Craig A. Evans, From Jesus to the Church: The First Christian Generation (Louisville: WJK, 2014).

C.A. Evans, FROM JESUS TO THE CHURCH
C.A. Evans, FROM JESUS TO THE CHURCH

In From Jesus to the Church: The First Christian Generation distinguished scholar of early Christianity Craig A. Evans examines the rivalry between “the family of high priest Annas and the family of Jesus of Nazareth” (p. 2). This is one segment of the “first generation” of Christians that doesn’t receive a lot of attention. What sort of rivalry developed between the priestly elite and the followers of Jesus from the crucifixion of Jesus until the destruction of Jerusalem and her Temple in 70 CE? This is the focus of the book, but there is an adjacent question Evans seeks to answer in the process: Did Jesus intend to establish what we have come to call “the Church”?

This question may not seem related at first, but it is central to Evans’ study. As he examines the rivalry between Jesus’ earliest followers and the Jerusalem elite he simultaneously shows how and why Christianity transitioned from a Jewish sect to another Mediterranean religion. Jesus’ followers in Jerusalem struggled under the thumb of the priesthood while the mission to the Gentiles thrived. Eventually, as things when sour for the Judeans in their struggle with Rome fewer and fewer of Jesus’ own people came to acknowledge him as Messiah while more and more people from the surrounding nations, many due to the works of the apostle Paul, did come to consider Jesus as “Lord and Christ”.

In Chapter 1, “Did Jesus Intend to Found a Church?” Evans tackles the aforementioned question. He concludes, in gist, that Jesus intended to create a remnant community of renewal in Israel, one that may have been open to including people from the surrounding nations, but not something completely divorced from Israel.

Chapter 2, “From Kingdom of God to Church of Christ” attempts to address the question of Rudolf Bultmann: how did the proclaimer become the proclaimed? How did Jesus who was proclaiming the Kingdom of God become the center of the Gospel for his earliest followers, “the Church”?

Chapter 3, “James as Leader of the Jesus Community” shifts back toward Jerusalem examining how early persecution affected Peter and the other disciples opening the door for the more Temple-friendly James, the brother of Jesus, to become the leader of the Church in Jerusalem.This discussion of James’ role is the impetuous for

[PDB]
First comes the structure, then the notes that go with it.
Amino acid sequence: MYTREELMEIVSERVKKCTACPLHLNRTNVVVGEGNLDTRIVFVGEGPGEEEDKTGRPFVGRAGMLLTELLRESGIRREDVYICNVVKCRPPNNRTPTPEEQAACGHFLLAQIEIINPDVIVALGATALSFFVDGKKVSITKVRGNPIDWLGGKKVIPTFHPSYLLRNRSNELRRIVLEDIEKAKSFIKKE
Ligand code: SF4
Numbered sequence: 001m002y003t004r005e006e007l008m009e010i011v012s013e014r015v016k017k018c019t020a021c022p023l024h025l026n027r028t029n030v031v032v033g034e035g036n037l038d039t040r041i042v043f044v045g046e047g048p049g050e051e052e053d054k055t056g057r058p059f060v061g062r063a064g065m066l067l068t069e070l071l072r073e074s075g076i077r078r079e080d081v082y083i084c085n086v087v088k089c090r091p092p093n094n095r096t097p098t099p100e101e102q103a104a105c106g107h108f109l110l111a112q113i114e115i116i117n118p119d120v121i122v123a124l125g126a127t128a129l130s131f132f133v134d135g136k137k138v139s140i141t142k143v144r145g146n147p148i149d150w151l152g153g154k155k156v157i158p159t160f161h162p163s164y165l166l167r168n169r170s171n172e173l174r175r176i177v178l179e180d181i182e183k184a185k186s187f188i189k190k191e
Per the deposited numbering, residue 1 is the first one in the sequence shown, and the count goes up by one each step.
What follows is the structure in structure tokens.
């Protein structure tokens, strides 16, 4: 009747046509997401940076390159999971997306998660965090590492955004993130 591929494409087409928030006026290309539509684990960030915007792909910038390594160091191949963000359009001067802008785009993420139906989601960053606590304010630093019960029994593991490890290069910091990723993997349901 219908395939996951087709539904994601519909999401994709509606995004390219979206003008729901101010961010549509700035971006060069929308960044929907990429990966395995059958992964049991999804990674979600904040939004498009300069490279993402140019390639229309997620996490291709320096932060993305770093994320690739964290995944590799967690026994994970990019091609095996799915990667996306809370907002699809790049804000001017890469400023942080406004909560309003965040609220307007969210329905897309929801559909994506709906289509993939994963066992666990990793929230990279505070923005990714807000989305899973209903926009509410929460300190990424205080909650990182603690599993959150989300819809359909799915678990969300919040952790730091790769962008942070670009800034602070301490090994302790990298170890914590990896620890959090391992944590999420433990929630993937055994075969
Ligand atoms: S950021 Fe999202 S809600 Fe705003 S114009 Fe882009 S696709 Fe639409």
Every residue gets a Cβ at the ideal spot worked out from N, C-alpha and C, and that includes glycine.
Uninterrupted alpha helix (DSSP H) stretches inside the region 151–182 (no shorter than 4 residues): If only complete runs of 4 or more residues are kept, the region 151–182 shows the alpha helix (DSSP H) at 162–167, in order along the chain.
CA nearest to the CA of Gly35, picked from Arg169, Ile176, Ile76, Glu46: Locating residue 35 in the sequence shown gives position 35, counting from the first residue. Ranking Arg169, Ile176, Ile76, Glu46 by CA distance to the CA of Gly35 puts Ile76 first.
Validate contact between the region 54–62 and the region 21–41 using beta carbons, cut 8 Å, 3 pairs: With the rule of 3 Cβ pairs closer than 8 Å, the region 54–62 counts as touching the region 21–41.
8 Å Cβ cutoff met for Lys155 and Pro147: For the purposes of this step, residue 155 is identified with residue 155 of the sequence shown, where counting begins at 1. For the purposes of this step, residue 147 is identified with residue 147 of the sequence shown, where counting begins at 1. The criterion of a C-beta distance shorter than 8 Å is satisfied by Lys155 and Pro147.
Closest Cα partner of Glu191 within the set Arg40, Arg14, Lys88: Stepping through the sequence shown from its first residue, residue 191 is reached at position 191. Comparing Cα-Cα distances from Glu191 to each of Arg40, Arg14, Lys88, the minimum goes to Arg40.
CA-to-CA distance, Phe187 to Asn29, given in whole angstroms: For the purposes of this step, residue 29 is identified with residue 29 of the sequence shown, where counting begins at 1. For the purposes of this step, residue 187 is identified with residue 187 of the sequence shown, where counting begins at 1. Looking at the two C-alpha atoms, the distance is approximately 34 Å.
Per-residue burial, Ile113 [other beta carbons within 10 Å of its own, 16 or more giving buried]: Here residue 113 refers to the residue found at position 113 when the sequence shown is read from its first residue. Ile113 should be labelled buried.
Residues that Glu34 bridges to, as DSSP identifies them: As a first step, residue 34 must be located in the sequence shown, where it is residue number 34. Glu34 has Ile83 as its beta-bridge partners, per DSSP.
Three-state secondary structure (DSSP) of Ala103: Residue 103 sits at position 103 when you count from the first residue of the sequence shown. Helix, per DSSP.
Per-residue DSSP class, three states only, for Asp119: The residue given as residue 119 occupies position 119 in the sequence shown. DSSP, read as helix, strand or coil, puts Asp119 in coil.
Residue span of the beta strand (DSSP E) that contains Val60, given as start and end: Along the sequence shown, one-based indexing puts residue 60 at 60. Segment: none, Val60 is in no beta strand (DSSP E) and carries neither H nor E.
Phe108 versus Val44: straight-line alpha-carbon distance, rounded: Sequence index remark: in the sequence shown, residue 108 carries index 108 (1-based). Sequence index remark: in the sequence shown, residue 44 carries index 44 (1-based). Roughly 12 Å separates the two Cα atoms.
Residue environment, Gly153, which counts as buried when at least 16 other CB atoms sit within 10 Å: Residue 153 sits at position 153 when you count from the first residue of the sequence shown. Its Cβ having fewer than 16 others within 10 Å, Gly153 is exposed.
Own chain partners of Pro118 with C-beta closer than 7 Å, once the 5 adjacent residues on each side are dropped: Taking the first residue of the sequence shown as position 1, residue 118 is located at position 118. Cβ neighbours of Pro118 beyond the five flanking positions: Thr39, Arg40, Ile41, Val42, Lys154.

Chapter 4, “Phinehan Zeal and Works of the Law: What Paul and James Are Really Saying”. Evans looks at how the figure of Phinehas influenced Jewish thought and how Phinehas’ actions inspired Jewish ideas about faith and action. Evans concludes that James and Paul are not in disagreement, but that they are address different questions altogether. So the divine between Jewish and Gentile Christians can’t be read primarily through the difference between Paul and James since both would see faith in Christ as the means by which one enters into the Church with good deeds (“works”) be the expected response.

Chapter 5, “Jerusalem Communities in Conflict” brings the attention back to Jerusalem for a second time. Now that Evans has established what Jesus intended to do in forming a community, and how that community evolved in Judea and abroad, he can now focus on the central theme of the book: the rivalry between Jesus’ followers the the priestly elite. Evans proposes that Jesus’ ministry and crucifixion is the beginning of a rivalry that ended with the mysterious prophetic figure Jesus ben Ananias, but more importantly the destruction of Jerusalem.

Chapter 6, “The Church between Paul, James, and Ignatius” presents the trajectory from the fall of Jerusalem to a religion where many of the adherents were trying to differentiate themselves from the Jews because of the tensions caused in 70 CE and the later Bar Kokhba Revolt of 132-135. The book ends with a related appendix “Root Causes of the Jewish-Christian Rift: From Jesus to Justin”.

This book is very informative, easy to read, and thought provoking. Evans aims to draw attention back to an area he feels has been overlooked: namely Jewish Christianity in and around Jerusalem before the destruction of the Temple when Christianity began to quickly become a Gentile religion rather than a Jewish sect. The unique interchange of two main themes—early Judean Christians and why the Church eventually became a Gentile religion—is more intertwined that one may presume at first.

For a fuller review of this book please consult the contributions of the blog tour that I hosted here a couple weeks ago.

This book was received from Westminster John Knox Press in exchange for a bias free review…but Evans is my doctoral supervisor, so as you can imagine, I’m not bias free!

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